Be Unapologetically You, My Dear

 

My Dear, Beautiful Girl-

You came into this world unapologetically, born into your mother’s loving arms, full of promise and potential. You grew into a lovely little girl, filled with hopes and dreams for your life. You were going to change the world with a song and a guitar. But life happened, as life tends to do, and now you find yourself apologizing for your very existence and asking for permission to take up space from anyone who will give it to you. Too exhausted to get out of bed most mornings, you can’t help but ask yourself what happened between then and now? Why does that strong, darling little girl who was full of such potential feel like a stranger now?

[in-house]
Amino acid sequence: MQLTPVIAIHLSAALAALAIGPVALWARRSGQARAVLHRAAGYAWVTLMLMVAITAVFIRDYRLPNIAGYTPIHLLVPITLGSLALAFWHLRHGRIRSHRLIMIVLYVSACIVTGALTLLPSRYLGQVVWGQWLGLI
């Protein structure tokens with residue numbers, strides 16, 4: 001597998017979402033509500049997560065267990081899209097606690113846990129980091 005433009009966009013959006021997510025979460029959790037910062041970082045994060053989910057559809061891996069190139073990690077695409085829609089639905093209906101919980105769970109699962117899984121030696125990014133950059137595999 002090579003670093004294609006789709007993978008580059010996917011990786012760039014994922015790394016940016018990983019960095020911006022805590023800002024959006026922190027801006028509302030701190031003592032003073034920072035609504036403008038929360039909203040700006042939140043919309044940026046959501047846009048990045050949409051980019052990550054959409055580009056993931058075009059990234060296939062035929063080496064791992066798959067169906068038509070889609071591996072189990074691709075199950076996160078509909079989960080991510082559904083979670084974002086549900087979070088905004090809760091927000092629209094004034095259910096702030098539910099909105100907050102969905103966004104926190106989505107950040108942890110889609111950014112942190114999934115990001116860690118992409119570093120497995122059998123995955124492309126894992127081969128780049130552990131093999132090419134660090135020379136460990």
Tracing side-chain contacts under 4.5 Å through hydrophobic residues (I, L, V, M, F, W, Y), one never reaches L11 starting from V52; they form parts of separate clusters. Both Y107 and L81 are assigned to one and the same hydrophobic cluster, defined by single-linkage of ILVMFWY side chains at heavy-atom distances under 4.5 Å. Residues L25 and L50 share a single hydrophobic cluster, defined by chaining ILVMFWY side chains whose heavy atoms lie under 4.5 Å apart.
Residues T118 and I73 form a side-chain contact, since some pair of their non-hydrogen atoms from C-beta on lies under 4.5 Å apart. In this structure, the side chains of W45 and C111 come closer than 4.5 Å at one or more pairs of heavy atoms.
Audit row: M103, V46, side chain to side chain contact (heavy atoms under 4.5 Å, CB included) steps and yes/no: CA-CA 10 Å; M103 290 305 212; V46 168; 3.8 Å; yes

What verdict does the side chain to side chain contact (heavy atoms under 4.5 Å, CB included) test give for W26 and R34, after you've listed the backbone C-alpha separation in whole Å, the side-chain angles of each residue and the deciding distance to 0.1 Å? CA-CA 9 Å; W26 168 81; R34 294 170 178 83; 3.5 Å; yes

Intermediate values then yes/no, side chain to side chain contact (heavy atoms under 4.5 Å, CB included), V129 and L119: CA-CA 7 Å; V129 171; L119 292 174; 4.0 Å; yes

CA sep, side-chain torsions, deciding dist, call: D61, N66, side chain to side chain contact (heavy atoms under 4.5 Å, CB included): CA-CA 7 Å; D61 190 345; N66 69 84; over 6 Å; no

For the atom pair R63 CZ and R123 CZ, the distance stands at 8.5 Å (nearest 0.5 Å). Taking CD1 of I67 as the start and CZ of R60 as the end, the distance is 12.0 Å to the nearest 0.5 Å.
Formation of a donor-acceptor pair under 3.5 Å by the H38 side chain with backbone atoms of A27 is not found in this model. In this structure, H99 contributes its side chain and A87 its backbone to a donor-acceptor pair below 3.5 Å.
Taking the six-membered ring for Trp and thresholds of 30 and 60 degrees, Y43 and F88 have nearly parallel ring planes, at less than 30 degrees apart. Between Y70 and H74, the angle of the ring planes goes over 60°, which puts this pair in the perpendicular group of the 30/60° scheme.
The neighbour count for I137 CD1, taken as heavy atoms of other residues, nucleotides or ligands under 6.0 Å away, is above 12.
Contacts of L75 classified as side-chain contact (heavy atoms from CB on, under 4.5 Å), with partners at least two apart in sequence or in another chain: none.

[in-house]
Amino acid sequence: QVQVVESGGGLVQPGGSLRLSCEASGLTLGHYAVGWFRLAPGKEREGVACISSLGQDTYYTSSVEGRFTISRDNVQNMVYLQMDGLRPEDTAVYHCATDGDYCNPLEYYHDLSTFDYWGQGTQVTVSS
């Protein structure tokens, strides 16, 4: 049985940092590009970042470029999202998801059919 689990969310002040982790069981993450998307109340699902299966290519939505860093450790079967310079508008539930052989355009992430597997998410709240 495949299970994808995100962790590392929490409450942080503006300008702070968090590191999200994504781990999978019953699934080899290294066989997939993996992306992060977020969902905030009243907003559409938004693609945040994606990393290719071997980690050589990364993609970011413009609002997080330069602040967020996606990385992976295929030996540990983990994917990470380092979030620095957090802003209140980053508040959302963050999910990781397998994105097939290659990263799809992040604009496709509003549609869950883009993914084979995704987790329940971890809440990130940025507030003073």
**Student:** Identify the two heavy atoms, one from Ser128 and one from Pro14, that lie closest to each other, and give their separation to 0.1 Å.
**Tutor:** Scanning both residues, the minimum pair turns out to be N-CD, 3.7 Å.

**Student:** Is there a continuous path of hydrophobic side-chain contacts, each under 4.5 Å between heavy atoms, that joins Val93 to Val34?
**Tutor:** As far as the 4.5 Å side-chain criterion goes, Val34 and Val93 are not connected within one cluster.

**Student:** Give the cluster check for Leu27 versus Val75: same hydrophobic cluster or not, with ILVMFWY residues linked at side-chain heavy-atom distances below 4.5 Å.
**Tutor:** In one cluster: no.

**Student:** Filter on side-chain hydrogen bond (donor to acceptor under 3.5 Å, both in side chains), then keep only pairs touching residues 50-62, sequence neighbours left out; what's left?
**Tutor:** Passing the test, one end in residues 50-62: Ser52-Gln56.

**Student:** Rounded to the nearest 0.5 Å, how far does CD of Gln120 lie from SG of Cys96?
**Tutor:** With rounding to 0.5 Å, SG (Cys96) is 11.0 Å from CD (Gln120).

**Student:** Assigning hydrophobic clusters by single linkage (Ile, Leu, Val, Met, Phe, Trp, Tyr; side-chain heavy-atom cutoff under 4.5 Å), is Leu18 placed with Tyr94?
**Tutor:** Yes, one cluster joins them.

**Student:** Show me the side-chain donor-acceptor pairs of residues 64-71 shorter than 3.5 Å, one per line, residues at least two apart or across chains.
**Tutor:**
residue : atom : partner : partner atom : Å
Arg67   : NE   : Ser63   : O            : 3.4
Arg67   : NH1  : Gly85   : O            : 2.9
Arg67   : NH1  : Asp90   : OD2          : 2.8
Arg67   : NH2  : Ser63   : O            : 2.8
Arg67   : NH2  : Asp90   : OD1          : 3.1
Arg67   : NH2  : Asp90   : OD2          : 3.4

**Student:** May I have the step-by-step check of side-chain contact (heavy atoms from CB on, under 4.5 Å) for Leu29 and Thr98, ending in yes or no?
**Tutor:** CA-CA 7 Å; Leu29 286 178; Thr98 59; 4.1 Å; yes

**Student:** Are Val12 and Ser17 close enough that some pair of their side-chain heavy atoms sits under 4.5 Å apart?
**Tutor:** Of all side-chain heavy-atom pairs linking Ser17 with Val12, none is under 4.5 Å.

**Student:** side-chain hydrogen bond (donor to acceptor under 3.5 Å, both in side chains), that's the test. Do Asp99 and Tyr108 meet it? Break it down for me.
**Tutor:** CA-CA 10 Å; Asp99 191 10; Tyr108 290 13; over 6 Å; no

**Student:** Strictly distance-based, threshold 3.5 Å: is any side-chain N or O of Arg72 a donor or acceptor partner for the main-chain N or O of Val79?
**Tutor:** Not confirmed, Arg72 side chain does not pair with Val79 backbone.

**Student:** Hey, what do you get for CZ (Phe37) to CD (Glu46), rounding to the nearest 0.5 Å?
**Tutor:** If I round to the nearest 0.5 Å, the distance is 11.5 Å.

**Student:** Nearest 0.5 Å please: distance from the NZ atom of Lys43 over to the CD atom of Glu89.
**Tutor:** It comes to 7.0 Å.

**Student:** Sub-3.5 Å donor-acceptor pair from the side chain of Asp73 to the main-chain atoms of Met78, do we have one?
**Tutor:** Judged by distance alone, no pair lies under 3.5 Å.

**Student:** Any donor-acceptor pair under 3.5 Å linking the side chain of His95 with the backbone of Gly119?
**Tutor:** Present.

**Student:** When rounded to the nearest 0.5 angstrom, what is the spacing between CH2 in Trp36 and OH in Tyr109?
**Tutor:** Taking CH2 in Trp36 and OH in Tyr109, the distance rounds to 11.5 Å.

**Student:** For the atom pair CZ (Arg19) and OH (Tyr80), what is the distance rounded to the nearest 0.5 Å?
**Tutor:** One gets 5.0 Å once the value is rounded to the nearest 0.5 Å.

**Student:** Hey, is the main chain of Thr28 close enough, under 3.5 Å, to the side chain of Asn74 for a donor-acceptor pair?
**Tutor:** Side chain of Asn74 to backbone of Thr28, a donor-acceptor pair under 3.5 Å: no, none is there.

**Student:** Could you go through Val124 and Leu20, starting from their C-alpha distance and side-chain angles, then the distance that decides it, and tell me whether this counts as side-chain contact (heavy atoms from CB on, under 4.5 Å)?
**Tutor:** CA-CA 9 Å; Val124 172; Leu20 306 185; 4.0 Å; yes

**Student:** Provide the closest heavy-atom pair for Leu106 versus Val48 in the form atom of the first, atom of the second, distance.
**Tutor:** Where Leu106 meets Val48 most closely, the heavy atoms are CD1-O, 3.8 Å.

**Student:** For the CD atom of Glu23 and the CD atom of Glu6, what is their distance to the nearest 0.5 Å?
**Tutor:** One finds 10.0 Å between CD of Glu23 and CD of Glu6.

Take heart in knowing that it is unbelievably easy for it to happen without realizing it. It sneaked in like a snake, insidious like, in the moments you gathered the courage to express an opinion with a shaky voice, but instead were met with laughter and commands to be quiet because you were stupid. Your face turned red and sweat beaded up on your forehead, but you laughed at yourself too, in order to blend in. And eventually, you started to believe their words, as they became louder than your own internal voice.

It gathered its strength every time someone mocked you or told you that your feelings didn’t matter. It grew in size every time you doubted that your story wasn’t good enough to make the school paper or got bullied for laughing too loud or wearing the wrong kind of jeans. It happened every time your validation lied in the hands of another.

Remember the times you got barked at in the high school hallway? What about the time you were chosen last for kickball in gym class and heard the quiet groans of the team members who got stuck with you? They didn’t know that you went home that night, looked in the mirror, and decided to quit eating. They didn’t realize that their words caused you to live the rest of your life battling an eating disorder.